What the NFL’s DEA Investigation Could Potentially Mean For The NHL

The National Football League can’t catch a break. From Ray Rice, to Adrain Peterson, to a slew of arrests over the past few years, the league has seen better days. To add salt to the wound, on Sunday the Drug Enforcement Agency opened a surprise investigation on three NFL teams. With how physical the game of football is, there is no question pain killers are used to ease the physical (and sometimes emotional) pain the players endure on a weekly basis. There is a strong possibility that some of these prescription pills weren’t be regulated by team doctors and physicians.

While not as popular a sport, hockey is easily one of the most vicious. Players fight tooth and nail for 82 game seasons (more if their team makes it to the playoffs) and play through incredible pain. You can find many instances where players have been playing with broken hands, shoulders, noses, and legs. Yet, they still show up to practice every day and give it their all during games.

Gary Bettman
(Gary A. Vasquez-US PRESSWIRE)

I do not sit in the locker rooms before, during, or after games. I don’t know what goes on behind closed doors. However, I can’t help but think that prescription pain killers and antidepressants are used in abundance by some NHLers.

The first time I remember anything relating to substance abuse in the NHL was when Claude Lapointe, a member of the Philadelphia Flyers in 2004, was placed in the second stage of the NHL’s substance program and needed an evaluation from doctors before he could play again. It was later revealed Lapointe was suffering from severe depression. As a teenager, I didn’t know much about depression or drug dependency for that matter, but of late it’s been rearing it’s ugly head around the NHL more frequently.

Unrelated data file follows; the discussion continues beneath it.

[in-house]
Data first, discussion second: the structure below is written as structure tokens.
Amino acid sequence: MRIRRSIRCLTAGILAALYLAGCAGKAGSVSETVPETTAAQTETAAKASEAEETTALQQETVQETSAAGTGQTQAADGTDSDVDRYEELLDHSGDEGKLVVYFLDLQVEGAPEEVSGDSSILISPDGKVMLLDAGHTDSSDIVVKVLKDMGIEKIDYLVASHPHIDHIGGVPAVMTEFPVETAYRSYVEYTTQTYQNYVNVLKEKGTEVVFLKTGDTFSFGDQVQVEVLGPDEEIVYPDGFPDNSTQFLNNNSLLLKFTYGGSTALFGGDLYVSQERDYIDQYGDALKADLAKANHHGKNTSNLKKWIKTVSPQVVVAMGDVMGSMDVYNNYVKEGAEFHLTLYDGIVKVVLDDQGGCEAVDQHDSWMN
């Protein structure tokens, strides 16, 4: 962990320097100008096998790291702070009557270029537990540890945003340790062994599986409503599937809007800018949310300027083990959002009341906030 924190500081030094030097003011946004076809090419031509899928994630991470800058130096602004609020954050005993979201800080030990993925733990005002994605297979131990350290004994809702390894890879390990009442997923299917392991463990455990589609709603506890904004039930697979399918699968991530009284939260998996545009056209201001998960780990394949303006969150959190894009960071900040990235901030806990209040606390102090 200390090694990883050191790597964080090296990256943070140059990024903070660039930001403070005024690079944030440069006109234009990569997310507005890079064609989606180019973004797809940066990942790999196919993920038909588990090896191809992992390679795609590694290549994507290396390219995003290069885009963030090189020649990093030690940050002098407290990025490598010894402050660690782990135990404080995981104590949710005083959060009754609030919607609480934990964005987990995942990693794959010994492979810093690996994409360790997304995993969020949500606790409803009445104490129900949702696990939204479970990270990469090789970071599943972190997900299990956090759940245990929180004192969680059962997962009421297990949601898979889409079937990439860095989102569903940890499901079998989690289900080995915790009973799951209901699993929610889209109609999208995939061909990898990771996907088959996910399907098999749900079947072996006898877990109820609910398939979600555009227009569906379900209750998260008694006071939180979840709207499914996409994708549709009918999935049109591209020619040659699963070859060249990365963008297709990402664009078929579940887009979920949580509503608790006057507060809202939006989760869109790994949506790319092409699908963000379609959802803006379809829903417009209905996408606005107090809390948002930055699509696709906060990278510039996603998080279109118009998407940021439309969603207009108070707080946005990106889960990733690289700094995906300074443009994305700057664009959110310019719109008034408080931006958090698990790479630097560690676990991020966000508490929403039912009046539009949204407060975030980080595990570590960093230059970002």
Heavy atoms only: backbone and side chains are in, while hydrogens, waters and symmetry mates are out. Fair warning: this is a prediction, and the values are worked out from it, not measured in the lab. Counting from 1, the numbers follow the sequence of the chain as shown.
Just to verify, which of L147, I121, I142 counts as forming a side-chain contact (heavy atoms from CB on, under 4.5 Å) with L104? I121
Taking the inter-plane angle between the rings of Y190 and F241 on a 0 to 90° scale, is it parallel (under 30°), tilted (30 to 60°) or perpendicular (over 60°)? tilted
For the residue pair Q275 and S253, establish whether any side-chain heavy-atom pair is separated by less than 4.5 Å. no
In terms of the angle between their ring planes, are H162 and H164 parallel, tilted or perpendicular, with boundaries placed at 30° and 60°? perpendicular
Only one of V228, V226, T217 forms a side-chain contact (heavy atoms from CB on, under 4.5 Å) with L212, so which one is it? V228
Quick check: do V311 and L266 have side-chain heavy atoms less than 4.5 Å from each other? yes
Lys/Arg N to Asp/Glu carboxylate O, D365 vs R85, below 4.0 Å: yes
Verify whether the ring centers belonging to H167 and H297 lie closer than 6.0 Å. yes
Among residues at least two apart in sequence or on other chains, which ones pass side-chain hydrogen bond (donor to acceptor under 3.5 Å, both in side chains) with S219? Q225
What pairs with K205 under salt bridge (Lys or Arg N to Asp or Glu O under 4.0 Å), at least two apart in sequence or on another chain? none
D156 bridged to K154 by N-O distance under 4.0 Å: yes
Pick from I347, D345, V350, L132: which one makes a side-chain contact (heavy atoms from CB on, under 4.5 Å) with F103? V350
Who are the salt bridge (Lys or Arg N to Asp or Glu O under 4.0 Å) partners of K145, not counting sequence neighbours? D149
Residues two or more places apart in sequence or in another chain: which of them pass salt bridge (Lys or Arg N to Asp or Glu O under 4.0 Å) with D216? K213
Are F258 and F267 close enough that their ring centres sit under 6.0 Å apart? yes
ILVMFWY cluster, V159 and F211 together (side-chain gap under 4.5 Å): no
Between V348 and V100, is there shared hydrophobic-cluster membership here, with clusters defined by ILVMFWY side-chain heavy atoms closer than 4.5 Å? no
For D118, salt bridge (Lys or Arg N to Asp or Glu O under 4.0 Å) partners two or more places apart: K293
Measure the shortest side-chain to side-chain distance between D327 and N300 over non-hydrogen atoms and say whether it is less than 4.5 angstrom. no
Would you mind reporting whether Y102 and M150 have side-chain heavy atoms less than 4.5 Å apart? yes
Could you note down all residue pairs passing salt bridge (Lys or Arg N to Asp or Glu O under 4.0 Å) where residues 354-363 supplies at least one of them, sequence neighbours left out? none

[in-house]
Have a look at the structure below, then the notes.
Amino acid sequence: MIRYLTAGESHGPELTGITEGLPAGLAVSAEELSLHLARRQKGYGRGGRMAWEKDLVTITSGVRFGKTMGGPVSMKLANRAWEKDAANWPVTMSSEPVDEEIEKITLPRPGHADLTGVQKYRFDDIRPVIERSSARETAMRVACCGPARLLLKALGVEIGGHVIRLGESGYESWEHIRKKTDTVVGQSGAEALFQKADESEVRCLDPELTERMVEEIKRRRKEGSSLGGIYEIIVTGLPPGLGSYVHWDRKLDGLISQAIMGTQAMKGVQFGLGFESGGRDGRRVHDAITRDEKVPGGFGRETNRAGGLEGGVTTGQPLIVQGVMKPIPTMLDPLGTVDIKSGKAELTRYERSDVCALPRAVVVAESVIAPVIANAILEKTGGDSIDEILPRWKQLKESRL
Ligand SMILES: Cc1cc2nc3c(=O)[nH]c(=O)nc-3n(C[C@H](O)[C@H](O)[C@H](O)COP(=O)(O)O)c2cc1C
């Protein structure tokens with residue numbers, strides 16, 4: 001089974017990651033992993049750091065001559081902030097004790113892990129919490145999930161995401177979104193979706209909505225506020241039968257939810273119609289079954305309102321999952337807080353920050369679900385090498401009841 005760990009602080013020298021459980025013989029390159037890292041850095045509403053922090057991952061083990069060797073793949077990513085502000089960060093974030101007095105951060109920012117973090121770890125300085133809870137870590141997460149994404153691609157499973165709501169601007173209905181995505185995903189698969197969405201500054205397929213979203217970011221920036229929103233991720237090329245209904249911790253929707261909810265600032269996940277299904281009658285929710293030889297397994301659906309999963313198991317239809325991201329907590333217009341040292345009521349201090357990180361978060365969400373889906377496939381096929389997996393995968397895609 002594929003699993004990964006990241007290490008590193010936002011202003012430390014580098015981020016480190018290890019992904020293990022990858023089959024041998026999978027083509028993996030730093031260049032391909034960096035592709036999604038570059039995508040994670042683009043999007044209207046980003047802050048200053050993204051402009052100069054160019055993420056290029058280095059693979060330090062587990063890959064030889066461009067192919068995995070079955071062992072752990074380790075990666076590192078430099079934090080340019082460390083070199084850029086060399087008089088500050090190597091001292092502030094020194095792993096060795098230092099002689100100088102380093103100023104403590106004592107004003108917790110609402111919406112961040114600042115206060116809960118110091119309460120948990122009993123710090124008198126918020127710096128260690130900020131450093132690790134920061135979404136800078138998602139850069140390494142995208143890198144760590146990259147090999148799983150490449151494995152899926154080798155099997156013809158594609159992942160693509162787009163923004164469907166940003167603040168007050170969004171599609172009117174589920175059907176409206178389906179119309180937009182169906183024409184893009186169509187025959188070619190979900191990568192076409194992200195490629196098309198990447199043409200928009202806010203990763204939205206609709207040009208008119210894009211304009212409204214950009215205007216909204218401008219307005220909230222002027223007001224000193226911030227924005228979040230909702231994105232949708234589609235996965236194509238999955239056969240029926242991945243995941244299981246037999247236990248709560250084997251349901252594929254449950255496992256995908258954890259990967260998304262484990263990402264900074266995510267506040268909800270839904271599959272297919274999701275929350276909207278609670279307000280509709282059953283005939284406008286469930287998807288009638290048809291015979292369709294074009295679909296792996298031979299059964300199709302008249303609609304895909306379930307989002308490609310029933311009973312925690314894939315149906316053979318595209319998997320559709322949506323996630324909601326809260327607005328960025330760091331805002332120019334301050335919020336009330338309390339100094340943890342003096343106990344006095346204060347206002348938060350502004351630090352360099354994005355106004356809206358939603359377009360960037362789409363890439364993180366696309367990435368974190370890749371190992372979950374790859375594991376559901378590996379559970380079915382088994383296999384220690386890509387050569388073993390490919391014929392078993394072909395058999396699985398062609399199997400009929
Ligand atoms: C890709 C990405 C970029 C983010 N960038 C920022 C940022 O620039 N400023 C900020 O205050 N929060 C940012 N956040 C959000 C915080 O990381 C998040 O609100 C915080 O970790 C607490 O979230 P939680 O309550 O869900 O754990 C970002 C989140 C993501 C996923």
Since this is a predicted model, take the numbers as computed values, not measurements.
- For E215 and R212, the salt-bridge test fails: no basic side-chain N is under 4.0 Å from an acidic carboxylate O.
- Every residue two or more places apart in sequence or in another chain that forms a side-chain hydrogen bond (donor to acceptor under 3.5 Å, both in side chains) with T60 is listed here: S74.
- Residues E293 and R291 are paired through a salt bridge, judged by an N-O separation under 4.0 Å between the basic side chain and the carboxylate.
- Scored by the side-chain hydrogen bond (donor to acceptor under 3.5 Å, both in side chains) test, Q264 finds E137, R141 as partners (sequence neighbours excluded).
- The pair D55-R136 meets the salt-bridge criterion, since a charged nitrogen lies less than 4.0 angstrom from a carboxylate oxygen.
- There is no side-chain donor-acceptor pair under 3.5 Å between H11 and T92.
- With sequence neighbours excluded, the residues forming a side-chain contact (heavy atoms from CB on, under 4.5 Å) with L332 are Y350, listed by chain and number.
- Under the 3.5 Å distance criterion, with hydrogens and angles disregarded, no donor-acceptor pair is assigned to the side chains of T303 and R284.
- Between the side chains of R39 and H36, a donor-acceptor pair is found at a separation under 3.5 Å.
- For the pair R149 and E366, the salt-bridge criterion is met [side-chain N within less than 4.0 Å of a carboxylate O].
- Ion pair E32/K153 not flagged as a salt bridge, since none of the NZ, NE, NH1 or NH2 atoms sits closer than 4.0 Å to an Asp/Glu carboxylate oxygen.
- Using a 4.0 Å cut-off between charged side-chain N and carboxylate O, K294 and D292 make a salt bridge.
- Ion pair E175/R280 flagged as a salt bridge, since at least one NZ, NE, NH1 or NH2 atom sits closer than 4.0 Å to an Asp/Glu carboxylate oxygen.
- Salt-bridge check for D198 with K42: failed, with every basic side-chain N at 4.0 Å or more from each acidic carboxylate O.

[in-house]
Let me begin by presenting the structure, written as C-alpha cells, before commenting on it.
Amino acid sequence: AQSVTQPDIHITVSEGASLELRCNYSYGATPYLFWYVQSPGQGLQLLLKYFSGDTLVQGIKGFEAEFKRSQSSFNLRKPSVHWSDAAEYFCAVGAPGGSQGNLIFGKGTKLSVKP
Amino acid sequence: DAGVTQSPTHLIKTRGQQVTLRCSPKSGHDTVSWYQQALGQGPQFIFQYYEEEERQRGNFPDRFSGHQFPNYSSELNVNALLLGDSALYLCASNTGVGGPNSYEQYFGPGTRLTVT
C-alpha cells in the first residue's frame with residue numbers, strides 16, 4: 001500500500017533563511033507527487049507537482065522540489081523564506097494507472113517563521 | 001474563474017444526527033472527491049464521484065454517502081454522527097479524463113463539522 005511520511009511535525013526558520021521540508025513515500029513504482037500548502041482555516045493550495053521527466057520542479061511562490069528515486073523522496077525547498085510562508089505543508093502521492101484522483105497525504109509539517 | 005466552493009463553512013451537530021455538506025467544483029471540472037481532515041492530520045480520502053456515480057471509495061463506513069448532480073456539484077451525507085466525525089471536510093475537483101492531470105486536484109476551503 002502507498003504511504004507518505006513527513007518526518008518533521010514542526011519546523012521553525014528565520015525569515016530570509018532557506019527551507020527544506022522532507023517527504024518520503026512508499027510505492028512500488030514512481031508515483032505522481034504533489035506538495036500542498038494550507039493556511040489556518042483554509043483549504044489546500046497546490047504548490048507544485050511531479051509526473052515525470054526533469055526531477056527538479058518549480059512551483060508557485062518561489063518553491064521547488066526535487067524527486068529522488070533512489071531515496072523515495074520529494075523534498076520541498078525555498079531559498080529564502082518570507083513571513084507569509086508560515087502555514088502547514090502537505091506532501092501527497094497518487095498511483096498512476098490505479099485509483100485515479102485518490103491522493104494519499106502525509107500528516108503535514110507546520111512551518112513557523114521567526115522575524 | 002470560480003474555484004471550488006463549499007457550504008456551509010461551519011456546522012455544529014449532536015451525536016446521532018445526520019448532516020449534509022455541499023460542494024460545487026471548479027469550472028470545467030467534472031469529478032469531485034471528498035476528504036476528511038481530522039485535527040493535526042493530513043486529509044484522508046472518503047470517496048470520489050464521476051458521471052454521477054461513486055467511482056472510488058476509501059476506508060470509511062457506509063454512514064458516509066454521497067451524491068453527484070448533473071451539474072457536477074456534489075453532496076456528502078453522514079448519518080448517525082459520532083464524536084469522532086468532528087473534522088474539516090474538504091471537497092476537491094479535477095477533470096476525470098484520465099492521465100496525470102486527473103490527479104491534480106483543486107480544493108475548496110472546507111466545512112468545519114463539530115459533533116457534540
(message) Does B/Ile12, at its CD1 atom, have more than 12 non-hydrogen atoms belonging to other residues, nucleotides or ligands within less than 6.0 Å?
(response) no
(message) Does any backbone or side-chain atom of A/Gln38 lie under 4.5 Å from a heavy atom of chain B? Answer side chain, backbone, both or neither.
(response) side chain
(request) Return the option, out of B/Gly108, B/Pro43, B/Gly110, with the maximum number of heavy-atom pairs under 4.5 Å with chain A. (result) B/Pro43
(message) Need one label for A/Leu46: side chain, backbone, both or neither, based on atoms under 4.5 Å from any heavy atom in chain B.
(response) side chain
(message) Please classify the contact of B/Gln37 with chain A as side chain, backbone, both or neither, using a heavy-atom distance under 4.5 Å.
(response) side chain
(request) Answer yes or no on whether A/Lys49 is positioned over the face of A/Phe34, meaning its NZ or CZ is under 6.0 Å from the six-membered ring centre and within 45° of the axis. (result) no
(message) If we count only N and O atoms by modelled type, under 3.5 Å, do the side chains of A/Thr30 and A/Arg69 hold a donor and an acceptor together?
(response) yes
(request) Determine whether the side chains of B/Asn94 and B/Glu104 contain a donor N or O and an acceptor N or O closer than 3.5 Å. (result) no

Recently, the NHL was hit hard by the deaths of three former players – Wade Belak, Rick Rypien, and Derek Boogaard. Belak and Rypien took their own lives due to their bouts with depression, while Boogaard succumbed to an overdose of alcohol and oxycodone. All had a history of using prescription drugs to battle depression and physical pain. Soon after Rypien’s and Boogaard’s deaths, commissioner Gary Bettman said that he would look into the NHL’s substance abuse policy to see what more could be done.

But prescription drugs are not the only demons players have to battle.

We’ve heard about Theo Fleury, Darren McCarty, Todd Fedoruk, and most recently Jordin Tootoo. All of these players couldn’t turn to teammates, coaches, friends, or family to get them through the tough times, but resorted to drugs and alcohol to mask their pain. All of these players found help and now lead healthy, sober lives.

So what does the DEA’s investigation into the NFL have anything with the NHL?

I’m not here to sugar coat things. While I don’t know specifics as to which players are taking them, there has to be enough guys in the NHL who have become dependent on prescription drugs or otherwise. From a logical standpoint, you simply can’t have guys playing such a rough sport and think things are hunky dory before, during, and after games. The drug problems may not be nearly as rampant as in the NFL, but it can’t be too far off.

I realize this is pure speculation, but for arguments sake, say the DEA comes a knockin’ on the NHL’s door tomorrow. I’m wouldn’t be the least bit shocked if they find some things that have been brushed under the rug…

…and Gary Bettman will have a lot of explaining to do.